Kent

Bullying rise at Medway NHS hospital trust

  • 30 August 2012
  • From the section Kent
Hospital
Unison says NHS managers are not given enough support or training

Levels of harassment have increased at a Kent hospital trust that was at the centre of a bullying scandal, according to staff.

An NHS staff survey showed that 22% of workers at Medway NHS Foundation Trust said they were harassed or abused by colleagues in 2011, up 2% from 2010.

The trust said it was disappointing and bullying was "insidious".

In 2011 former Medway NHS medical director Gulzar Mufti spoke out about a culture of bullying at the trust.

Mr Mufti, who worked at the organisation for 20 years, criticised the trust after an independent report backed his bullying complaint.

'Less respect'

Rehman Chishti, Conservative MP for Rainham and Gillingham, said he had raised the issue in Parliament at the time and fresh questions now needed to be answered.

He added: "It is completely unacceptable wherever bullying occurs, whether it's workplace or environment.

"I did raise this issue last year in Parliament with the secretary of state for health and also with the Care Quality Commission.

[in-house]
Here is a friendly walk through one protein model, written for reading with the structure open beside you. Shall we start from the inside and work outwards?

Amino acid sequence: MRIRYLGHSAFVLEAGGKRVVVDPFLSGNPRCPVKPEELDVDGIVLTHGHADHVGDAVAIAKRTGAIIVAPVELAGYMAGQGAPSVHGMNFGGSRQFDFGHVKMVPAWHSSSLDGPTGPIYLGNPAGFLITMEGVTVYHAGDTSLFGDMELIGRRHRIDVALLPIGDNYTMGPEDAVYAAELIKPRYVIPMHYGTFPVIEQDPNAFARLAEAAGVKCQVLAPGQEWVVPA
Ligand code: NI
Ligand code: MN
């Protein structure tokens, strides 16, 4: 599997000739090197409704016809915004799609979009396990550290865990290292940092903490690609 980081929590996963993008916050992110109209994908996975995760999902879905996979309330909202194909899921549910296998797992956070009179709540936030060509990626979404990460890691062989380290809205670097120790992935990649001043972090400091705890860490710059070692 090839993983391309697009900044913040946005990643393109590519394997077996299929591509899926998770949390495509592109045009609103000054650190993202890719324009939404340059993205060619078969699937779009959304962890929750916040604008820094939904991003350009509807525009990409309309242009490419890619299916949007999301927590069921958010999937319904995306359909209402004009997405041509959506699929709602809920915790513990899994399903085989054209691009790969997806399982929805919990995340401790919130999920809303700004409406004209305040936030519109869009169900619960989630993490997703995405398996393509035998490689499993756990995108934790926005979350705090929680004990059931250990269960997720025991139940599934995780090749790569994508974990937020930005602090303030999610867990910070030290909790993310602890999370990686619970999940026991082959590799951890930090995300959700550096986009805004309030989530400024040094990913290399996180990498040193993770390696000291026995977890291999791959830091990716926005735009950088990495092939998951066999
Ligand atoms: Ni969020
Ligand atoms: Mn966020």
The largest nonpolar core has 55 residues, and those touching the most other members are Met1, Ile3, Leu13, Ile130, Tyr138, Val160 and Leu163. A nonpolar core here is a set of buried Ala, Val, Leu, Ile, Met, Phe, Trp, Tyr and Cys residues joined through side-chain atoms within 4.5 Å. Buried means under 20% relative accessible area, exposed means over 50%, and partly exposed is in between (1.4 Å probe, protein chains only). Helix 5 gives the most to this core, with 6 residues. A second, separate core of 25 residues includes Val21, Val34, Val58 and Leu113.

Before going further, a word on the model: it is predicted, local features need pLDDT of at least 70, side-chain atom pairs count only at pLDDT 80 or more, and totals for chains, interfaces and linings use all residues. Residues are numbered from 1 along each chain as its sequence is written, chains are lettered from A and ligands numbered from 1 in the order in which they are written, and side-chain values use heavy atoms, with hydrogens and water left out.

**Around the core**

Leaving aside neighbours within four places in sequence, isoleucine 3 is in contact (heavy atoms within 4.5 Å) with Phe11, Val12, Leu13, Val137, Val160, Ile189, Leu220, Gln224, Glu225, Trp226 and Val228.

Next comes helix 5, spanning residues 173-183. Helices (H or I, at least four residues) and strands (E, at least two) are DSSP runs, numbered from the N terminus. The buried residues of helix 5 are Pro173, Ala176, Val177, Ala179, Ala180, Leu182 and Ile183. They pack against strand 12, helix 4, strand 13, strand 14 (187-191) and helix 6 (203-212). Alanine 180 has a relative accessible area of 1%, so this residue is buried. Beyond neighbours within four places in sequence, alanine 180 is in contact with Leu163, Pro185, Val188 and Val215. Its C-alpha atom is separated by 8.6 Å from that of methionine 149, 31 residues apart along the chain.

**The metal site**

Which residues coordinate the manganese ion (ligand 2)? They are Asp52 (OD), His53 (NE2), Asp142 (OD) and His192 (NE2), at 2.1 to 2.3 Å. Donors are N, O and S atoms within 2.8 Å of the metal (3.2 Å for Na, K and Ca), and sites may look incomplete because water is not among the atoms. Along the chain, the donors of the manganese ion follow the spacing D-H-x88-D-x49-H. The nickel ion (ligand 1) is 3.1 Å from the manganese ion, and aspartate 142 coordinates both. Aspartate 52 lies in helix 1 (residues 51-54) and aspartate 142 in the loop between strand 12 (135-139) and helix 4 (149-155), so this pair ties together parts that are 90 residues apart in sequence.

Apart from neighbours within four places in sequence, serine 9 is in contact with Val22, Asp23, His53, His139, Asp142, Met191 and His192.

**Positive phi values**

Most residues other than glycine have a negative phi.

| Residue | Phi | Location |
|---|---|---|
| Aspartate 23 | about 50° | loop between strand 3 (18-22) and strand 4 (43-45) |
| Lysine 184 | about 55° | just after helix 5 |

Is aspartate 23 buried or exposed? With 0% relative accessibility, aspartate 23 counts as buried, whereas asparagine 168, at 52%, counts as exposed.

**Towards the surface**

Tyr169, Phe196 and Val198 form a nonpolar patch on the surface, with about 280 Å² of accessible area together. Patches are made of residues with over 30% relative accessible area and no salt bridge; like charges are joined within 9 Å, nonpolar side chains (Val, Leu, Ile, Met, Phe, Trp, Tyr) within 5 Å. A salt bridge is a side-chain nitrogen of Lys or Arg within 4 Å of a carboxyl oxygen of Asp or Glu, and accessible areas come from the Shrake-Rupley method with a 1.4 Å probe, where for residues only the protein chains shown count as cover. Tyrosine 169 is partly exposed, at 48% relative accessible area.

"It was the Care Quality Commission [who] asked Medway to provide a plan of action to prevent the actions, which at the time could be construed to be bullying.

"The question now arises, what action has followed on from the incident?"

Simon Bolton, of Unison, said: "There are people in post, and it's not necessarily their fault, who are not very good people managers.

"The NHS doesn't train or support its managers enough.

"There is a deficit in just the simple way that people treat people and treat each other at work. There's less courtesy, less respect and less good manners."

He added: "To be fair to management, when they've had it brought to their attention and they've had the evidence they've taken action.

An independent report found there had been a group campaign of bullying against Mr Mufti

"But really disciplinary proceedings are after the event, staff have already suffered. What we need to do is get it out of the culture."

Mark Devlin, chief executive of Medway NHS Foundation Trust, which employs about 3,900 staff, said: "Bullying is an insidious, undermining form of behaviour and certainly in this organisation we don't want to tolerate that at any level.

"Just to put this into context our rates are just over 20% and the national average in the NHS is 16%.

"That's not to say that that's acceptable but there's a considerable level of this going on in quite large organisations such as our own."

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